5

I don't understand the findfile() function in Vim-Script, what am i doing wrong?

set encoding = utf-8
cd %:p:h
let b:gitiginorfiles = findfile('.gitignore', system('git rev-parse --show-toplevel'), -1)

My variable b:gitignorefiles is always empty.

  • 3
    I think you should check that the result of your git command is a path the Vum understands. To debug your problem maybe you could first hard code the path instead of the system call, when you're sure that it works, check that this path and the one returned by the system call match. – statox Jan 3 '17 at 9:12
  • @statox nothing :-/ – Raoul René Melcer Jan 3 '17 at 10:25
5

I need to chomp the trailing newline to see the line work:

:echo findfile('.gitignore', system('git rev-parse --show-toplevel')[:-2], -1)

This is a recurring problem with system(). I did rapidly end-up with a first version of system() in my library plugin that always chomps these unwanted characters.

EDIT: Otherwise, don't hesitate to extract intermediary result into variables that you'll be able to investigate. Often, I check what I really compute with a :echo .'##'.myvar.'##'.

2

Vim documentation is the best point to start. :help findfile():

findfile({name}[, {path}[, {count}]])               *findfile()*
        Just like |finddir()|, but find a file instead of a directory.
        Uses 'suffixesadd'.
        Example: >
            :echo findfile("tags.vim", ".;")
        Searches from the directory of the current file upwards until
        it finds the file "tags.vim".

You can use Ctrl+] to navigate into links, such as |finddir()|:

finddir({name}[, {path}[, {count}]])                *finddir()*
        Find directory {name} in {path}.  Supports both downwards and
        upwards recursive directory searches.  See |file-searching|
        for the syntax of {path}.
        Returns the path of the first found match.  When the found
        directory is below the current directory a relative path is
        returned.  Otherwise a full path is returned.
        (...)

You can debug that call using this:

:echo findfile('.gitignore', system('git rev-parse --show-toplevel'), -1)

This will run the findfile() and echo the result in the screen. You can use q: to edit the call and test again.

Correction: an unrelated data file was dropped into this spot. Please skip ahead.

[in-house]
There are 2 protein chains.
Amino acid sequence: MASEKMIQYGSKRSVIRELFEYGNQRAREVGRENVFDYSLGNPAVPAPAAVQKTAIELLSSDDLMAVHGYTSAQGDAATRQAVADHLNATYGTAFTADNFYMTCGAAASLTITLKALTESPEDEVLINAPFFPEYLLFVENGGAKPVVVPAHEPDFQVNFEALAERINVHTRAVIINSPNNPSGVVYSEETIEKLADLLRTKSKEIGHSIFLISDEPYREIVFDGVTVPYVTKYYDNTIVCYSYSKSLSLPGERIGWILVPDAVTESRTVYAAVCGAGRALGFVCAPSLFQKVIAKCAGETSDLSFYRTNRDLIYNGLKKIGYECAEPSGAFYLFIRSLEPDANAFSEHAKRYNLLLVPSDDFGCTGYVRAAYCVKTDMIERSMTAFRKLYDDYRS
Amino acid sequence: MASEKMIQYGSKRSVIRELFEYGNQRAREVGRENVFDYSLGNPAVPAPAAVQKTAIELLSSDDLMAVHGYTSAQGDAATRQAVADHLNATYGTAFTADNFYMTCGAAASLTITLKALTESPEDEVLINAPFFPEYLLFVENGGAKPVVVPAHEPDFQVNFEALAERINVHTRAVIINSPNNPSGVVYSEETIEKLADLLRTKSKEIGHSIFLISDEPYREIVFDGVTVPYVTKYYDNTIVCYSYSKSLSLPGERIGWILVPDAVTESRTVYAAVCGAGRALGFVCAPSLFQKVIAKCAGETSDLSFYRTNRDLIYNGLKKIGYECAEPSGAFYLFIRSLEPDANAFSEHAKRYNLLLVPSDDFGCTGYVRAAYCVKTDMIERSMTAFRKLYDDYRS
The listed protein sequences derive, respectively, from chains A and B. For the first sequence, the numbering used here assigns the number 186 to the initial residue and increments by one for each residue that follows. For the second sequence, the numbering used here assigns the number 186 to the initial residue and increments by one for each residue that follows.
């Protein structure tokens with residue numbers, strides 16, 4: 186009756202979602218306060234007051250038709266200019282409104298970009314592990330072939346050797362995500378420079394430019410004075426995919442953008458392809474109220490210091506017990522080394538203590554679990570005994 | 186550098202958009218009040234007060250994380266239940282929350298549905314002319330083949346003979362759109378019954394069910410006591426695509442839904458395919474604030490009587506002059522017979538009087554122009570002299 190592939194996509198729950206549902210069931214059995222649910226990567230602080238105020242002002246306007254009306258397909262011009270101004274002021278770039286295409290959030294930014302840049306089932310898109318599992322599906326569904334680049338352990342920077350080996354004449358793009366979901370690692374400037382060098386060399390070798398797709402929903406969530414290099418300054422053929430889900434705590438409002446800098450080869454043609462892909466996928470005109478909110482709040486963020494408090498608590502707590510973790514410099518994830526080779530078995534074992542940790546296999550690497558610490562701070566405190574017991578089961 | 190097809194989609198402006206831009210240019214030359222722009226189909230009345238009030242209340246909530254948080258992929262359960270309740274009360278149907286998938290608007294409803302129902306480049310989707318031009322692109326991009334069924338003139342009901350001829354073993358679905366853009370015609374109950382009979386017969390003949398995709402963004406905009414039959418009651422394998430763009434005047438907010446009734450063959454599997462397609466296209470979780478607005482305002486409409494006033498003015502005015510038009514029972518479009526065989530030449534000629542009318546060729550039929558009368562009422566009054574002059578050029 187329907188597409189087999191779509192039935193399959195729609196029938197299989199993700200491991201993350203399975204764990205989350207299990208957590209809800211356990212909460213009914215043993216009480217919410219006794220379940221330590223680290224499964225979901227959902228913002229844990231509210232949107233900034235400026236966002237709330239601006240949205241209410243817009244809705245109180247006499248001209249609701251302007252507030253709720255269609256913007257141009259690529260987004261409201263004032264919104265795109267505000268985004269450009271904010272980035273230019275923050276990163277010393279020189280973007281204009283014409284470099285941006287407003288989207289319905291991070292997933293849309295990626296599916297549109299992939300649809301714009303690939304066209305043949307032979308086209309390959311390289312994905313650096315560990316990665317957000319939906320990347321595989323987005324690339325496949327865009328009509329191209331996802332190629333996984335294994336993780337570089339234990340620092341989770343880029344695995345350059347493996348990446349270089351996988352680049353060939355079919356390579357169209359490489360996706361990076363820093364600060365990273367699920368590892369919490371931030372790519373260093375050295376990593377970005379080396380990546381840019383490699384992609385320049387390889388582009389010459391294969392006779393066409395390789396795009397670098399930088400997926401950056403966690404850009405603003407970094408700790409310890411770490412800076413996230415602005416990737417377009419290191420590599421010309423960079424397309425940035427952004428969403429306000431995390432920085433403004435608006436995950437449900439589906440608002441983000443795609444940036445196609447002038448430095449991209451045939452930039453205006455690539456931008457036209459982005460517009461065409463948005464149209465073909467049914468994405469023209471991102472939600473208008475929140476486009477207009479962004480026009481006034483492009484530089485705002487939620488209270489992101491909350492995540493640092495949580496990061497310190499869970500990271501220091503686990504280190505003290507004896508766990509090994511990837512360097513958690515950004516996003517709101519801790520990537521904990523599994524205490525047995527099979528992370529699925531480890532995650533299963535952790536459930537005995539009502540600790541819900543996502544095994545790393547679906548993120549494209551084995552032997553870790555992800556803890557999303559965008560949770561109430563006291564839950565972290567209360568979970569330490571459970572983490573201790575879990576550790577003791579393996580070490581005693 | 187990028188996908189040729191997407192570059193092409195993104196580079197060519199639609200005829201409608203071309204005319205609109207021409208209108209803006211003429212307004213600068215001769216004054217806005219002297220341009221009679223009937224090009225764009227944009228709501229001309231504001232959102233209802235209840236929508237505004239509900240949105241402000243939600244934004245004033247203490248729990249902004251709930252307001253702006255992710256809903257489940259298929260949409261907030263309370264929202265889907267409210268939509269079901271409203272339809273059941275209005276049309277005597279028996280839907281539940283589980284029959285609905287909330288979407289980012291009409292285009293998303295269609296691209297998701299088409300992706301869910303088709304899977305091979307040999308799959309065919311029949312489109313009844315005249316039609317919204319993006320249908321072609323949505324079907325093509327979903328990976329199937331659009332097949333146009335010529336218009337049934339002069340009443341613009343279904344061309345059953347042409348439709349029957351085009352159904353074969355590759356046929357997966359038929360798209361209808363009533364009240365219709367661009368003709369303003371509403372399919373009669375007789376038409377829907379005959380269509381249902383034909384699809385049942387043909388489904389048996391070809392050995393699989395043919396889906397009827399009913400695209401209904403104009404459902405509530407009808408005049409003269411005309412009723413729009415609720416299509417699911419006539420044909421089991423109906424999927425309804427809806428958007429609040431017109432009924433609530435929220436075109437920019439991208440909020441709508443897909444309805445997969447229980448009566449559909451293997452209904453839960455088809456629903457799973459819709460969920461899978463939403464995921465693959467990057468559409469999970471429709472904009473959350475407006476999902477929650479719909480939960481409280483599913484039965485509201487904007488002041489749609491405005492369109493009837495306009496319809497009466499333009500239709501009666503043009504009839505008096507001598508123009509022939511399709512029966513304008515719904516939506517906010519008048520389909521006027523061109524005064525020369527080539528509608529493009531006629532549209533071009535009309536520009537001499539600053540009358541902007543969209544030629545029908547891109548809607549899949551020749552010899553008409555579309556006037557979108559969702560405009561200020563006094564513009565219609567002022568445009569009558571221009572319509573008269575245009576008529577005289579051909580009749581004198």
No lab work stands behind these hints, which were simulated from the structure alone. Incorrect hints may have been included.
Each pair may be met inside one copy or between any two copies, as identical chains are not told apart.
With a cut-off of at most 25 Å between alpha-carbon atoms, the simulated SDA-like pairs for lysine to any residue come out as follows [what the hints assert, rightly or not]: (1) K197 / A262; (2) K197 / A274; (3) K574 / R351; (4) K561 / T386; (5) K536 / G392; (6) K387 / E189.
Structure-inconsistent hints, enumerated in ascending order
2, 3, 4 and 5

Edit

You could try to understand it better by using simple examples. For instance, try to search for a nonexistent file in the current direct, then create the file and repeat:

echo findfile('bla', .)   " empty result, no file
!touch bla                " create the file (this works in *nix systems)
echo findfile('bla', ".") " now it returns a non-empty result

You can check that you are in the directory you expect by using :pwd and getcwd().

  • I read this and i do what is write but nothing... I'm confused. – Raoul René Melcer Jan 3 '17 at 10:28
  • Only [] a empty list after let b:gitiginorfiles = findfile('.gitignore', '/home/username/projects/gitrepo/', -1) – Raoul René Melcer Jan 3 '17 at 10:32
  • Well, that means that findfile() didn't find a match. Ensure that the file can be found from your working directory, given the arguments you passed to findfile(). Is there something else unclear about findfile()? – mMontu Jan 3 '17 at 10:34
  • Why I become a empty list, I don't see a mistake... sorry... – Raoul René Melcer Jan 3 '17 at 10:36
  • Now it work, don't ask my why - First day in new year ;) – Raoul René Melcer Jan 3 '17 at 10:42

Your Answer

By clicking “Post Your Answer”, you agree to our terms of service, privacy policy and cookie policy

Not the answer you're looking for? Browse other questions tagged or ask your own question.